5). In the past, to save money, non-teaching positions have been reduced from full-time to part-time, which has been significantly problematic for students and staff. What ideas and/or plans do you have to address this issue?
It’s my conclusion from the exodus of both teaching and non-teaching professionals from the district that general problems must exist in the district regarding budget cuts to staffing. However, there is insufficient information in this question to provide a cogent response directed at non-teaching positions.
I can give my personal impression of teaching staff insufficiencies from our family’s perspective. It seems obvious from our experience with enrollment of our Junior student this year that there aren’t enough teachers at the high school. Evidence of this first emerged when the volume of scheduling problems exceeded the staff time to solve them such that only families of Seniors were notified of conflicts over the summer. In the past, it was every student. Not a single email was sent to students in grades 9-11 indicating problems and student schedules were simply posted online less than a week before school started. Many schedules had little or nothing to do with what students requested, even as alternate courses. Sources indicate that teachers were expected to accept students without adequate prerequisite training in their classes. These are additional indicators that the system is overwhelmed. It will only be exacerbated next year with a small (100) outgoing Senior class and a large (145 or so) incoming Freshman class. I would urge the board to question the mechanism of staffing and do what needs to be done as a board to reach a more optimum student to staff ratio.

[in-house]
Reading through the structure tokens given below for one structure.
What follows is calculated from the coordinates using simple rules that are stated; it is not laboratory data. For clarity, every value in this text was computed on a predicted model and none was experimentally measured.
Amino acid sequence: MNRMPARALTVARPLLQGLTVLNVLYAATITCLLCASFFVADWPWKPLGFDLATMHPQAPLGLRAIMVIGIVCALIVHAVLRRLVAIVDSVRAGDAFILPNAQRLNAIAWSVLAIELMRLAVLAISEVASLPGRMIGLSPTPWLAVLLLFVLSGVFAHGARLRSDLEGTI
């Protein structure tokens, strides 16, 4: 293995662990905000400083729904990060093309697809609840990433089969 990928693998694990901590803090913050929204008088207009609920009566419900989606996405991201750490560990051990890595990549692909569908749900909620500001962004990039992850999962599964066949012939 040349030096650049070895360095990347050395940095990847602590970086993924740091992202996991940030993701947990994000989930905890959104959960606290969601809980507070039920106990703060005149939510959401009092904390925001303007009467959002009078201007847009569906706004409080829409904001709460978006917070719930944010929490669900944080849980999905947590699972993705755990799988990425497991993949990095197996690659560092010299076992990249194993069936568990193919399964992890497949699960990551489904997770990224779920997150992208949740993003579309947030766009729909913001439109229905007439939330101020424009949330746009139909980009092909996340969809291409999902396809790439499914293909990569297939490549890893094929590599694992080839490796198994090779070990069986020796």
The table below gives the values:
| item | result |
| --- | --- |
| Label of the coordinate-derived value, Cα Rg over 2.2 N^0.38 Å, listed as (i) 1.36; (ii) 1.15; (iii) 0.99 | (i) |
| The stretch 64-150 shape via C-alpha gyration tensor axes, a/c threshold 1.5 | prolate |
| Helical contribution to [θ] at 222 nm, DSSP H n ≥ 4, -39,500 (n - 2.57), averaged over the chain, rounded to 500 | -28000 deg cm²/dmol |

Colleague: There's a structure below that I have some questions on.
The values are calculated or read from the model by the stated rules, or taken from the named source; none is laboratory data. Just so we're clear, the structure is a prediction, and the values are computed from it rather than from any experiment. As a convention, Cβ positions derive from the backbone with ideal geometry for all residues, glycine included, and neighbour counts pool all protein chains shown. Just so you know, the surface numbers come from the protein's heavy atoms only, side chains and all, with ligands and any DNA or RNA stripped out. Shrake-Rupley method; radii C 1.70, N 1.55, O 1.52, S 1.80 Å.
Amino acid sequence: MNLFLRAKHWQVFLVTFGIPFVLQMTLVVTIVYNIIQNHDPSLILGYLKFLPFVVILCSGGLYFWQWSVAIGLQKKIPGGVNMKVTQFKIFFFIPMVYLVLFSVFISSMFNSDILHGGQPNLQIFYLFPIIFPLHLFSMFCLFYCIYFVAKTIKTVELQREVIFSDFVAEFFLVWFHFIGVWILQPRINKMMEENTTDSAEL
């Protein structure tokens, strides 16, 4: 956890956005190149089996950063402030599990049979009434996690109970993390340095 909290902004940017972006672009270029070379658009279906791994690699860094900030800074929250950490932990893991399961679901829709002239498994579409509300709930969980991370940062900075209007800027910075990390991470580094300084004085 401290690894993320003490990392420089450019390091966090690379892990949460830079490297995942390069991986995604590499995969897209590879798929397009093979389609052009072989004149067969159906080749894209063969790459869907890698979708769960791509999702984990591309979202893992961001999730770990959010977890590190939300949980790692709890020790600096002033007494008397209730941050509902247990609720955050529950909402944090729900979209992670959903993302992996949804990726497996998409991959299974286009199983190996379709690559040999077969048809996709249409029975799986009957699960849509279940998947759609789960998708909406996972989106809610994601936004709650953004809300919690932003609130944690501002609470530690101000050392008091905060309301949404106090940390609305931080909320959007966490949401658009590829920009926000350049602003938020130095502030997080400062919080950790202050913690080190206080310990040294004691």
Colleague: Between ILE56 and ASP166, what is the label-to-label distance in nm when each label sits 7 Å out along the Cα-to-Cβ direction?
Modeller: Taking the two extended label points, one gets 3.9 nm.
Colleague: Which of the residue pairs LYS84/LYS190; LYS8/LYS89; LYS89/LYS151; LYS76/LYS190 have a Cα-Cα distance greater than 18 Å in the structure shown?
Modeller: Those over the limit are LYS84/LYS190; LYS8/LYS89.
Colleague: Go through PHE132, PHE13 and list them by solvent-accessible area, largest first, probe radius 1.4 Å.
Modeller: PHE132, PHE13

Again, this comes down to an issue of poor communication. Families weren’t notified until it was nearly too late to solve the scheduling problems. Teachers were not consulted for lack of prerequisites but rather told to bring the kids up to speed because they had to “put kids somewhere.” Staffing problems go far beyond the non-teacher positions and while the board is usually not involved in the details of staffing decisions, they are responsible for holding administration accountable for results. These are not the kind of results a district wants to be known for and, in that way, the board can exert its authority in requesting an improved staffing process that would be generally applicable regardless of the position.